Rewards for Wildlife Whistleblowing



How an online platform has helped the United States’ fight against wildlife trafficking and corruption.

Wildlife trafficking has increased sharply in recent decades, in part due to corruption, low risk of detection, consumer demand, and high financial rewards. With the trade estimated to be worth up to $23 billion, a key challenge is to incentivize those with insider knowledge to report trafficking and provide evidence to support the prosecution of wildlife crimes.

Recognizing the role that technology can play in curbing the illegal wildlife trade, in 2014, USAID launched the Wildlife Crime Tech Challenge to offer rewards to science and technology innovators tackling wildlife trafficking issues. Initiated in partnership with the National Geographic Society, the Smithsonian Institution, and the non-governmental organization TRAFFIC, the challenge focused on four priority areas: detecting transit routes, strengthening forensic evidence and data sharing, reducing consumer demand, and tackling corruption.

The National Whistleblower Center, a non-profit devoted to protecting and rewarding whistleblowers around the world, was one of four grand prize winners eligible to receive up to $500,000 from the challenge. The center was awarded for its Global Wildlife Whistleblower Program, which used the funding to expand and scale a secure, online platform to facilitate confidential and anonymous reporting of illegal wildlife trade evidence. The program also expanded to connect whistleblowers with attorneys who can help maintain their confidentiality, prepare information for authorities, and assess eligibility and apply for monetary rewards under U.S. wildlife protection laws.

By supporting whistleblowers, the program has helped chip away at one of the underlying drivers of biodiversity loss: the corruption which enables the illegal wildlife trade to thrive and ultimately undermines global development, healthy environments, and access to safe and legal livelihoods.

Whistleblowers: An Underutilized Tool for Fighting Wildlife Crime?

According to Stephen Kohn, the founder of the National Whistleblower Center, whistleblowing is the number one method of uncovering fraud and corruption. With wildlife trafficking closely tied to corruption, whistleblowing is an important, yet underutilized, tool for tackling it.

Through its Global Wildlife Whistleblower Program, the National Whistleblower Center aimed to both increase awareness of U.S. wildlife protection laws globally, and provide a platform for people to file cases and apply those laws, many of which include monetary compensation for whistleblowers.

“The key to policing worldwide wildlife trafficking of plants, fish, and animals is the creation of an effective whistleblower regime for detection,” said Kohn. “Without the ability to detect the crime, you can’t police it or enforce it.”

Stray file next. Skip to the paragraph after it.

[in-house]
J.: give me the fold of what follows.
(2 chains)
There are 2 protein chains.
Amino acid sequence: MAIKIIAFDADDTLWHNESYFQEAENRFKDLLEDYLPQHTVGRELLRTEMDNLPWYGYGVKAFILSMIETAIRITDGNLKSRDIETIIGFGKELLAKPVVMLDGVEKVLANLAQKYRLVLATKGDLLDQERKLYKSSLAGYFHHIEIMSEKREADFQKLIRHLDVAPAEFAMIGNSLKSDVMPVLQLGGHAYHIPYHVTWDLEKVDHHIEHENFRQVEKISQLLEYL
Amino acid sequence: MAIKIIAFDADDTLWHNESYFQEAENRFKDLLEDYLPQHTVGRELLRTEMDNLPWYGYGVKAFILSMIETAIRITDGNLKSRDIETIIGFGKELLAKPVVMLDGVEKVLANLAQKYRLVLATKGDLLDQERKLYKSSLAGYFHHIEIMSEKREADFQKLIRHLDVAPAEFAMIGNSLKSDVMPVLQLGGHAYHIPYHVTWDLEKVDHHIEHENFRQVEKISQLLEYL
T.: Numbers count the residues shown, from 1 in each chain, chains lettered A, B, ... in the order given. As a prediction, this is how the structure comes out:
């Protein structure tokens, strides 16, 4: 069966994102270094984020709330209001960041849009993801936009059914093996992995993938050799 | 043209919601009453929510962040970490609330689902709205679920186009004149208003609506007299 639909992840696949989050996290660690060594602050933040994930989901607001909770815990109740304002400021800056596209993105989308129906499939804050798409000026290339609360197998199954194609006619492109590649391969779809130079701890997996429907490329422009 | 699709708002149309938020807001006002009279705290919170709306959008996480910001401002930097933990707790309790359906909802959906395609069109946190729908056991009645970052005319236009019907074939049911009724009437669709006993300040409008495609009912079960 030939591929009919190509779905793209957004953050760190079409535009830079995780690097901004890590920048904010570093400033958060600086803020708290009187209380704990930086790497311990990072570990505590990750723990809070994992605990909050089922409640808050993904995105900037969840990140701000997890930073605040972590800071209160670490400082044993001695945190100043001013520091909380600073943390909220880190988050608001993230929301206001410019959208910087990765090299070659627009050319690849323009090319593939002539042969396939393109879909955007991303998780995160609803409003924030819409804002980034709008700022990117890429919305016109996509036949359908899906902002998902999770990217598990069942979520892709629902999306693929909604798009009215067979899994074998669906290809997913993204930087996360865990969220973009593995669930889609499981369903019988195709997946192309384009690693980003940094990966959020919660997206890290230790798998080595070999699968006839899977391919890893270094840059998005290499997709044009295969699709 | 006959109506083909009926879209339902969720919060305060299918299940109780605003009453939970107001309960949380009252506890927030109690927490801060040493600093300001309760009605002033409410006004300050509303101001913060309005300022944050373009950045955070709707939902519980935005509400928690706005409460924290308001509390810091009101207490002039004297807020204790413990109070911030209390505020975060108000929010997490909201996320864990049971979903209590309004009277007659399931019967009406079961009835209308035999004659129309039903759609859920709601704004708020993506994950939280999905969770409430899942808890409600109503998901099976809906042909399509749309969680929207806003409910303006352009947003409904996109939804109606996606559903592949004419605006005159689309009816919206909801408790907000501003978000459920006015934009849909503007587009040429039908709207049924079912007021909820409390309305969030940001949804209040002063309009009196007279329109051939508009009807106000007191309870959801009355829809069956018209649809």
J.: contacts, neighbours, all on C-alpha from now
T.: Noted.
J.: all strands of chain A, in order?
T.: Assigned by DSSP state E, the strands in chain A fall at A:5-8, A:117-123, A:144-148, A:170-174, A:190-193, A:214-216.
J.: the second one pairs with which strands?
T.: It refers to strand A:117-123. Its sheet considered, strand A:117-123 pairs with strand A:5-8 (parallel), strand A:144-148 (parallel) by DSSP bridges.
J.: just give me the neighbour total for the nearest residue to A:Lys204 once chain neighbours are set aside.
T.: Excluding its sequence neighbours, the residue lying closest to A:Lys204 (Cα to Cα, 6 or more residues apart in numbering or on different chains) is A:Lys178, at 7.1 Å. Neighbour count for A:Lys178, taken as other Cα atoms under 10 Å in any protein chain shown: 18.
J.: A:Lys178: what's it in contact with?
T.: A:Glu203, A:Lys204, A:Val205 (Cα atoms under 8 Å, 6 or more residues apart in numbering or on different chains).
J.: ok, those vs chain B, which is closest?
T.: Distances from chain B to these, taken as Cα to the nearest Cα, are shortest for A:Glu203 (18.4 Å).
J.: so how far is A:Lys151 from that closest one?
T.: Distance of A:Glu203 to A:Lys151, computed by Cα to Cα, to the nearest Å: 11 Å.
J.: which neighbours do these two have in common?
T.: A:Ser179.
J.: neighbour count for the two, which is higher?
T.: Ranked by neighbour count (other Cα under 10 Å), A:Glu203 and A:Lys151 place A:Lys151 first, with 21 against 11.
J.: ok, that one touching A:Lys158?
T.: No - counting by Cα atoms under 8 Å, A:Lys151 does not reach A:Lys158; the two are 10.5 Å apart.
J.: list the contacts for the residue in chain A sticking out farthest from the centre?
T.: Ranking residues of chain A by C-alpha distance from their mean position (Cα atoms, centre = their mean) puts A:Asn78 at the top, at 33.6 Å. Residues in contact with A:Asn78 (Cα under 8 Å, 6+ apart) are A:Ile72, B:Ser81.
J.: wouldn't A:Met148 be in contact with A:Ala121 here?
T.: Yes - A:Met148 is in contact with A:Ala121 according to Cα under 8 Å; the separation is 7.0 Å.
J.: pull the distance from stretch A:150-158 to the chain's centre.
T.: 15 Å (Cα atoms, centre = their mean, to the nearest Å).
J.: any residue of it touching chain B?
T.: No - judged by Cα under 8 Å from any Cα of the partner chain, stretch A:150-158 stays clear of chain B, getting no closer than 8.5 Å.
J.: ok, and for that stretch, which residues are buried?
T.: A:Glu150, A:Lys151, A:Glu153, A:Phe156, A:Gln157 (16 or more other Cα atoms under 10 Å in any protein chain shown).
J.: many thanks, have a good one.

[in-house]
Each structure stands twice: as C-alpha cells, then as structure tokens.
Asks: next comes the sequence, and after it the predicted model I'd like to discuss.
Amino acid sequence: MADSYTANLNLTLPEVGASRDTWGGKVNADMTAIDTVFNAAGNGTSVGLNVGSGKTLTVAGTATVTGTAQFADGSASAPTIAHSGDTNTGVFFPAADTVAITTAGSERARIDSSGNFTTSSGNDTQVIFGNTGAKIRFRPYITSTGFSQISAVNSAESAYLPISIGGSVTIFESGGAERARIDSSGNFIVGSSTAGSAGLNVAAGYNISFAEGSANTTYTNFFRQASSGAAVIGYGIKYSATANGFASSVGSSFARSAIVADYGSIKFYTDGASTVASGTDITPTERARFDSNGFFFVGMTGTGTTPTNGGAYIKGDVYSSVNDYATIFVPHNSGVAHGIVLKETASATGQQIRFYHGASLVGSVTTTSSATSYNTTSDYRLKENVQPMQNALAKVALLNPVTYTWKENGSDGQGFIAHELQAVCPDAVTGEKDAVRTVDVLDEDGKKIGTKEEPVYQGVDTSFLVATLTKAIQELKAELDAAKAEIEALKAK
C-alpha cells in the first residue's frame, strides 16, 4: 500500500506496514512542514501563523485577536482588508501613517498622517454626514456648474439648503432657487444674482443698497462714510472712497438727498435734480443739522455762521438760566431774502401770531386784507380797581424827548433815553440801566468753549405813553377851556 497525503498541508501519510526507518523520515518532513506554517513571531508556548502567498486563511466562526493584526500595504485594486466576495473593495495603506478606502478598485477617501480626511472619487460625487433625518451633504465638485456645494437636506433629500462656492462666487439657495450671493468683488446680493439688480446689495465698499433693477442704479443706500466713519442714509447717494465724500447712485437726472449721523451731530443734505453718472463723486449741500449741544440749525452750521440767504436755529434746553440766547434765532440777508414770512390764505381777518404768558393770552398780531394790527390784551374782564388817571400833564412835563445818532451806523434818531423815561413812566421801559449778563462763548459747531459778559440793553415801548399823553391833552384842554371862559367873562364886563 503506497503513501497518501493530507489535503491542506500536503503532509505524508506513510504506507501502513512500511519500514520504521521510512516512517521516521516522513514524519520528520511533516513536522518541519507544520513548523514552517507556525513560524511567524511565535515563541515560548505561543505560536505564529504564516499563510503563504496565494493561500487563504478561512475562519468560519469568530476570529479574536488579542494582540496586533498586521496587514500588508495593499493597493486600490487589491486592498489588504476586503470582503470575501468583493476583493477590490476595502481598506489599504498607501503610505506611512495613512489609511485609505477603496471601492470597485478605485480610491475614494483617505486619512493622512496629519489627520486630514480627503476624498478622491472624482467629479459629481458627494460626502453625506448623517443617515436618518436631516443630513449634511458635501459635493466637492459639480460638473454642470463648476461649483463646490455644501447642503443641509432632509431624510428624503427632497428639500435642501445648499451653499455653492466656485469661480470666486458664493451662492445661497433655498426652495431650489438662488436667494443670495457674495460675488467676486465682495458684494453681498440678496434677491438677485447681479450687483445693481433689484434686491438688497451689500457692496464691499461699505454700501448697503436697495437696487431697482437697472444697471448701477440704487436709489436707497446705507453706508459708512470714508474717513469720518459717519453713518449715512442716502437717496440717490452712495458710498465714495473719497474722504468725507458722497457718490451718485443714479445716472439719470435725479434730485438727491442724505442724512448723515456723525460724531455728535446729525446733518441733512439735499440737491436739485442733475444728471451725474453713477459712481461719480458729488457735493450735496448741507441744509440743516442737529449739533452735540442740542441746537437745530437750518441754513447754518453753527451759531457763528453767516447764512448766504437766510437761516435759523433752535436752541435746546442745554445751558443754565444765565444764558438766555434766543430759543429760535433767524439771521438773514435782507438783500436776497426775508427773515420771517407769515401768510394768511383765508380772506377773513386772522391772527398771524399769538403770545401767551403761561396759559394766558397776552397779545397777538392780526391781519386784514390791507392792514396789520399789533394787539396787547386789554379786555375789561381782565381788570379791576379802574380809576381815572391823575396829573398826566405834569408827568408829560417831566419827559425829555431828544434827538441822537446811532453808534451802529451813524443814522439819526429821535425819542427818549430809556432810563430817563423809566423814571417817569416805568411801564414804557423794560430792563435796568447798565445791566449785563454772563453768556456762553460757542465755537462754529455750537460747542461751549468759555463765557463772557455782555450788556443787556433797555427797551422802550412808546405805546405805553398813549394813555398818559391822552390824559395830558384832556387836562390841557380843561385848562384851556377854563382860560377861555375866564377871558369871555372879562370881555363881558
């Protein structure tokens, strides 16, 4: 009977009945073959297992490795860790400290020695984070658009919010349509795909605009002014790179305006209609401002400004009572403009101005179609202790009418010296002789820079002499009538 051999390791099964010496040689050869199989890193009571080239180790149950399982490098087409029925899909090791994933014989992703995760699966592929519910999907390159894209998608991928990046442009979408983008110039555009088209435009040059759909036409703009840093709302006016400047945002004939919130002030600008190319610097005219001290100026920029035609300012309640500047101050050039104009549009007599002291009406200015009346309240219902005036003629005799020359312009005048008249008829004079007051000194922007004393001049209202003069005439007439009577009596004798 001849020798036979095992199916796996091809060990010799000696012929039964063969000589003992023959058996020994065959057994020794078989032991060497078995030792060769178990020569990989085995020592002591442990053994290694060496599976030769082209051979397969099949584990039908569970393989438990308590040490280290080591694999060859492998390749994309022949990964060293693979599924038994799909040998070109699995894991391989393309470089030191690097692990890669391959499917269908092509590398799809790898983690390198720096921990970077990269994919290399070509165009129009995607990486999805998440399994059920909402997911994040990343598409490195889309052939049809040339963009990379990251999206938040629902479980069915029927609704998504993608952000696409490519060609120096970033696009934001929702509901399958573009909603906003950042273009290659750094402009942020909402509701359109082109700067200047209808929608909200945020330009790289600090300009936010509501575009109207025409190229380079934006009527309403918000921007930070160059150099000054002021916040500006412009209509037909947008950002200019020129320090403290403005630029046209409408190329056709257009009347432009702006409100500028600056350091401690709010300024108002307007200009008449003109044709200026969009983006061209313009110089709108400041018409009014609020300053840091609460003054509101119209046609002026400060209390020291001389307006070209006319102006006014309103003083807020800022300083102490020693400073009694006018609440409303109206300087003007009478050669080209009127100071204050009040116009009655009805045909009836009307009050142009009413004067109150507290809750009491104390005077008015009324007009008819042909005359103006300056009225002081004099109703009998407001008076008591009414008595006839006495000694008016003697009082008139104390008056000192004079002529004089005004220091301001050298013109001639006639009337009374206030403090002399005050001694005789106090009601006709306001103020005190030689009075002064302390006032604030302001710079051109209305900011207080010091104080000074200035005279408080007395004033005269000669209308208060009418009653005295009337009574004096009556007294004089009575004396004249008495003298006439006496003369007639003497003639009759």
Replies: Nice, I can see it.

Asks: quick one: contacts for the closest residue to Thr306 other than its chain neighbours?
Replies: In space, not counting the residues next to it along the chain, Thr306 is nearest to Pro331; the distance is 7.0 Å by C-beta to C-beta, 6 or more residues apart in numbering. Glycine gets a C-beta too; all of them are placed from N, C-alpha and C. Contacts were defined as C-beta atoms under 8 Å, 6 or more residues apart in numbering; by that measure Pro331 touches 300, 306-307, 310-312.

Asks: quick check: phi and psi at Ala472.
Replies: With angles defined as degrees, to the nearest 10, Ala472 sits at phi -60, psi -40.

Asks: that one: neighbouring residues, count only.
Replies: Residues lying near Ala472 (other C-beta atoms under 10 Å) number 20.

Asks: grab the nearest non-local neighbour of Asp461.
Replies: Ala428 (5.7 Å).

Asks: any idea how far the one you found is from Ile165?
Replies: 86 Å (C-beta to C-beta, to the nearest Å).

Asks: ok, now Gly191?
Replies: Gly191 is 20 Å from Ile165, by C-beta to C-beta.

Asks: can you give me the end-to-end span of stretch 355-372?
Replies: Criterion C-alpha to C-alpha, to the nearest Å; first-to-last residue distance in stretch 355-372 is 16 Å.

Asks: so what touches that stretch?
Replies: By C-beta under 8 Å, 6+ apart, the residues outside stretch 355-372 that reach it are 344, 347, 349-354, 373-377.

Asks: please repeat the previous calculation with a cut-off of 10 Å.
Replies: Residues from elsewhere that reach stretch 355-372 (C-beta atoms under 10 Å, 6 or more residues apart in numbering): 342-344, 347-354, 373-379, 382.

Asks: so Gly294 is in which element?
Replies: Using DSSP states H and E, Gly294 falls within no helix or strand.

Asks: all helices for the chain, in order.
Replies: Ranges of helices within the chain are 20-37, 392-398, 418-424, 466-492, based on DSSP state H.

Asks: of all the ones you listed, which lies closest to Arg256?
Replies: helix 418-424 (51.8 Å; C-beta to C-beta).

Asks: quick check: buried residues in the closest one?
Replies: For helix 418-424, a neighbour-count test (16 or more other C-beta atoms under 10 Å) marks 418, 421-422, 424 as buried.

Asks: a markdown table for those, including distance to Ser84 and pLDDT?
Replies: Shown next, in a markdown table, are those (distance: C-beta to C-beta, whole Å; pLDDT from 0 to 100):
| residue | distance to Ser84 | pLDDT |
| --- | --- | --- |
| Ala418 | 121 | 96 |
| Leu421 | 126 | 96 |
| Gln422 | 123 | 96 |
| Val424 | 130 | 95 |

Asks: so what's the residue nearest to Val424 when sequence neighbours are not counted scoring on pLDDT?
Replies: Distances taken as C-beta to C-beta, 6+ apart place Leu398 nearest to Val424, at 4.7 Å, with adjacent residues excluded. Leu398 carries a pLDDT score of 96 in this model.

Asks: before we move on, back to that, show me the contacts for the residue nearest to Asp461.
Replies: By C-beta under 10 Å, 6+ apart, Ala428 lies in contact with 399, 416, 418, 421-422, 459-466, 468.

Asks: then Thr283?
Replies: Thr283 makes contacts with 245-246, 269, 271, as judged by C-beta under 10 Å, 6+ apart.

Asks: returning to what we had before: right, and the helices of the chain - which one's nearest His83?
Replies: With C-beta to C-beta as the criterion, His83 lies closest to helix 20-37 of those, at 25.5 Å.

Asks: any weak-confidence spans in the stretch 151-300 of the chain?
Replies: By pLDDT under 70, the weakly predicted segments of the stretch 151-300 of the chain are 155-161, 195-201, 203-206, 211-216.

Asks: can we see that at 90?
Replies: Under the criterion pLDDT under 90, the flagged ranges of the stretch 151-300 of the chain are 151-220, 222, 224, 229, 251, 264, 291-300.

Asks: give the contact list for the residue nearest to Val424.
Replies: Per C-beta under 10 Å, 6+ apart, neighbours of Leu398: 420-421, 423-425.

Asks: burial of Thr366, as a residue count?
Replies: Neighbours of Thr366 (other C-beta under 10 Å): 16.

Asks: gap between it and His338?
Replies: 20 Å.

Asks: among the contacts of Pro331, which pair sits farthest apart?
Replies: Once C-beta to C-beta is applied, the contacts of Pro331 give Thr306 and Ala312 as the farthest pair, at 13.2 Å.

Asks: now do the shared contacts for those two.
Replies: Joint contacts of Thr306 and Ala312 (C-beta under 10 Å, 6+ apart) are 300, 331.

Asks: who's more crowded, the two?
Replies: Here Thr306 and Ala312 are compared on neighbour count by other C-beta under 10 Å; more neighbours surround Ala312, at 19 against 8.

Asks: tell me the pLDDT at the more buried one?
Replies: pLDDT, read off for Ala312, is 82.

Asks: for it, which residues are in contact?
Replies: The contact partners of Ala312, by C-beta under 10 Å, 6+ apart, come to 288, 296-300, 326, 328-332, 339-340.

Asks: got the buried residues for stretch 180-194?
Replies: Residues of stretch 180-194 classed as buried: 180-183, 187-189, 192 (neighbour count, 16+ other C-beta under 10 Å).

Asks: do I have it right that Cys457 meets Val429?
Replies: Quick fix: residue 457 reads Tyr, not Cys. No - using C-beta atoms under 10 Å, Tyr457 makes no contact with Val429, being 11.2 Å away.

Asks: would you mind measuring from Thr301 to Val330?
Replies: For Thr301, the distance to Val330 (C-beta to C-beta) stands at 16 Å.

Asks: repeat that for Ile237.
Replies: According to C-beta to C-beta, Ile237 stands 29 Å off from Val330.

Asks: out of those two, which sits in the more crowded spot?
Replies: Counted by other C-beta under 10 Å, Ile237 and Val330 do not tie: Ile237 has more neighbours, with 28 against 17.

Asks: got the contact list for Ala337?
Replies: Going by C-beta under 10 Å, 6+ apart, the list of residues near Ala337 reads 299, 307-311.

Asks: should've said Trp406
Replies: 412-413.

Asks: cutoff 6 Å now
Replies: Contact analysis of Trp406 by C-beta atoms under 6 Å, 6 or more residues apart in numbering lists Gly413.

Five Years On: Lessons from the Global Wildlife Whistleblower Program

With funding from the challenge, the center was able to implement the secure, transnational, and digital intake system and refer cases to interested attorneys for further litigation. To date, the intake process has referred at least 12 cases for legal action (up from zero wildlife cases when it first started) to other law firms, which are still in process.

Income earned through the illegal wildlife trade is often legitimized through money laundering. / Institute for Money, Technology, and Financial Inclusion


The program also complements USAID’s work in broader anti-corruption efforts: By increasing evidence-sharing and rewarding reporting of illicit activities, it helps facilitate transparency, accountability, and access to information around financial flows, all of which are key to countering corruption.

While USAID’s support provided the seed funding needed to pursue initial cases, litigating wildlife crime is expensive. Raising awareness among the legal community of the financial rewards available for wildlife cases and creating a market for these cases has been “unquestionably, the major benefit [of the program],” said Kohn.

Whistleblowing Benefits to Conservation and Beyond

The National Whistleblower Center’s work to raise awareness of whistleblowing for wildlife crimes has had ripple effects across sectors.

Police in Thailand seize illegally trafficked bones and horns. / Tassanee Vejpongsa, FREELAND


International recognition of the role of whistleblowers in combating wildlife crime and corruption has resulted in the adoption of a number of resolutions by multilateral international bodies, including the UN Convention against Corruption, the Convention on International Trade in Endangered Species of Wild Fauna and Flora (CITES), and the International Union for Conservation of Nature (IUCN), the latter of which the center says will “accelerate momentum for wildlife whistleblower protections worldwide.”

The whistleblower program has also helped generate interest in wildlife crime from the legal community, allowing the center to build a network of law firms interested in prosecuting wildlife crime and strengthen its reputation as a watchdog organization.

With the shifts around wildlife whistleblowing, the impact of USAID’s Wildlife Crime Tech Challenge, and its support for the Global Wildlife Whistleblower program, will play a crucial role in promoting good governance — and, in turn, development and the conservation of natural resources and biodiversity.

Check out this interactive map to learn more about the other winners of the Wildlife Crime Tech Challenge and USAID’s work to combat wildlife trafficking.